By Ted Rubin
The brand, and especially the small business owner, has more incentive to be liked than the customer … success and perhaps survival are on the line. There’s a powerful need to be proactive about creating the relationship.
Don’t wait for customers/prospects to like you.
There’s no lazy way out of this, folks. If you want the eyes and ears of consumers focused on you, then develop a “giver’s gain” philosophy. Developing fruitful relationships in social channels, or anywhere else for that matter, requires the willingness to give before you receive and continue giving throughout.
When our intent is right and our actions aren’t self-serving, we have the opportunity to inspire people to like us. With so much noise in the marketplace and plenty of murky intent, brands, and small business owners, who take this approach, will be noticeably different from their competitors.
There’s no faking it
A word of caution … our customers and prospects have finely tuned antennae when it comes to spotting our intent. There’s a part of the brain known as the amygdala that does a better job of sensing danger (and sincerity) than the reasoning part. It creates our emotional reaction to circumstances and tells us if we can trust what we hear and see. You can’t gain a customer’s confidence and be liked unless you can first get past their instinctive feelings about your intent.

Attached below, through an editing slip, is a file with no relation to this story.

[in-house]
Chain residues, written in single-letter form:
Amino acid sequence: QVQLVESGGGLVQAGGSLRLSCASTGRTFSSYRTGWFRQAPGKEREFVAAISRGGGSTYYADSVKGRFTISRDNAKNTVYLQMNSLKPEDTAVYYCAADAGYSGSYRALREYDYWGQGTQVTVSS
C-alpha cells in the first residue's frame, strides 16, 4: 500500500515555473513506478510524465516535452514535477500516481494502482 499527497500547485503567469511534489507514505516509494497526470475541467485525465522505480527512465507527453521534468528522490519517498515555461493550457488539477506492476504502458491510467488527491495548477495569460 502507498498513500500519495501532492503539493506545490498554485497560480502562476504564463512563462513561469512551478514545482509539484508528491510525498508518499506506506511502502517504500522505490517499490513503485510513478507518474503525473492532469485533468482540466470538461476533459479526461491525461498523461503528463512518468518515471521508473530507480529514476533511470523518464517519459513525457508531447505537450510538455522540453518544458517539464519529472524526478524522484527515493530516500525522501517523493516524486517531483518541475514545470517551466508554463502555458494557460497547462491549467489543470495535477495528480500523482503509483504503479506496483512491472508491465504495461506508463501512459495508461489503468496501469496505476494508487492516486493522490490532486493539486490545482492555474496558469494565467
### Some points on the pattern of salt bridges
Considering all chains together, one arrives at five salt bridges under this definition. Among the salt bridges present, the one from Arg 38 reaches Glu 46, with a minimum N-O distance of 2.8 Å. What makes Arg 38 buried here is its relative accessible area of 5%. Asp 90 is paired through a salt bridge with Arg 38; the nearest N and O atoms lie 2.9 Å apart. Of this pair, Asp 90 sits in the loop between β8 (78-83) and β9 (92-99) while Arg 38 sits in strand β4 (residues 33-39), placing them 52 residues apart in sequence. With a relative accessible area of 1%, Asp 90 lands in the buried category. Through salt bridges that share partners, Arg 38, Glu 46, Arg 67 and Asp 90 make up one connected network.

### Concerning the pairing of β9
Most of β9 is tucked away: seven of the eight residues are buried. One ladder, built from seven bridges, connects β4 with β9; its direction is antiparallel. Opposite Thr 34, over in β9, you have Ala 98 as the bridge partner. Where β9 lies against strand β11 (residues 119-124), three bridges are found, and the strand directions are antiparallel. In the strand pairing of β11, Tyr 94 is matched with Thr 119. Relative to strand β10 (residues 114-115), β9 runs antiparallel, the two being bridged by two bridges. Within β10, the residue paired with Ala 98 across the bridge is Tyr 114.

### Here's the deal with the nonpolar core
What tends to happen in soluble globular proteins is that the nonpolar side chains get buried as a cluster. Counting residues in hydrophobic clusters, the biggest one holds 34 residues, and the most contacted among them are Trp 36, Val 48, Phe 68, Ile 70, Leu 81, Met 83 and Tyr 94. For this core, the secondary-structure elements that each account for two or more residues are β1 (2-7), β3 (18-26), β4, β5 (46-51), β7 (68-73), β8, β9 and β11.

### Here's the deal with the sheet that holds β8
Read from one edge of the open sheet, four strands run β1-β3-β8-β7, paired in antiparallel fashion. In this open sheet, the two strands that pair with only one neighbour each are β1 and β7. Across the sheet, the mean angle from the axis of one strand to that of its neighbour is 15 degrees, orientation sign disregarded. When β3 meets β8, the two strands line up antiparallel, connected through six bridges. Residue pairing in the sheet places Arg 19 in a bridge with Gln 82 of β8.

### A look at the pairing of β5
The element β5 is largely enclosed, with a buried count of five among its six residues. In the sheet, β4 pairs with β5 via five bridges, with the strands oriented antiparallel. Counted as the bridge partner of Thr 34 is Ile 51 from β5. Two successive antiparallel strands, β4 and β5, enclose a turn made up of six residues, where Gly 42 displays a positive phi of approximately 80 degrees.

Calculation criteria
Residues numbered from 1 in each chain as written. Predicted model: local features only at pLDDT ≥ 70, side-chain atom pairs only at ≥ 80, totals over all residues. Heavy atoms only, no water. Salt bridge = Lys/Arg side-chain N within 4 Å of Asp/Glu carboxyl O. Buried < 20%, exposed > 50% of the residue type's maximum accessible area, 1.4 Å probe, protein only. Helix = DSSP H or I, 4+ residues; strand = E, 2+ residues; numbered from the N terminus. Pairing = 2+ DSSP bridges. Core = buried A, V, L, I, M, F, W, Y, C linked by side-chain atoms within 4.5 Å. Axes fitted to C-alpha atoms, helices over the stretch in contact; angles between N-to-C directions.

So why wait? There’s a world of customers and prospects that would be happy to like and advocate for your brand if you’ll just open up to taking the first step. Here’s how to do that:
- -Get to know your customers/prospects by actively listening to their needs in social channels.
- -Reach out to others without waiting for them to “Like” you first.
- -Contribute to conversations where you can provide value (not a sales pitch).
- -Always be thinking of ways to help others solve problems.
- -Introduce people when appropriate without expectation of anything in return.
- -Be genuine in your responses and outreach.
- -Don’t expect reciprocation, but always strive to give it when someone reaches out to you.
Those who take themselves out of the equation and focus on the needs of others can expect to get a better Return on Relationship.
Ted Rubin is a leading Social Marketing Strategist, Keynote Speaker and Brand Evangelist. In March 2009 he started using and evangelizing the term ROR, Return on Relationship, hashtag #RonR. He is also the author of the book by the same name… Return on Relationship. Visit his web site at www.tedrubin.com for more information.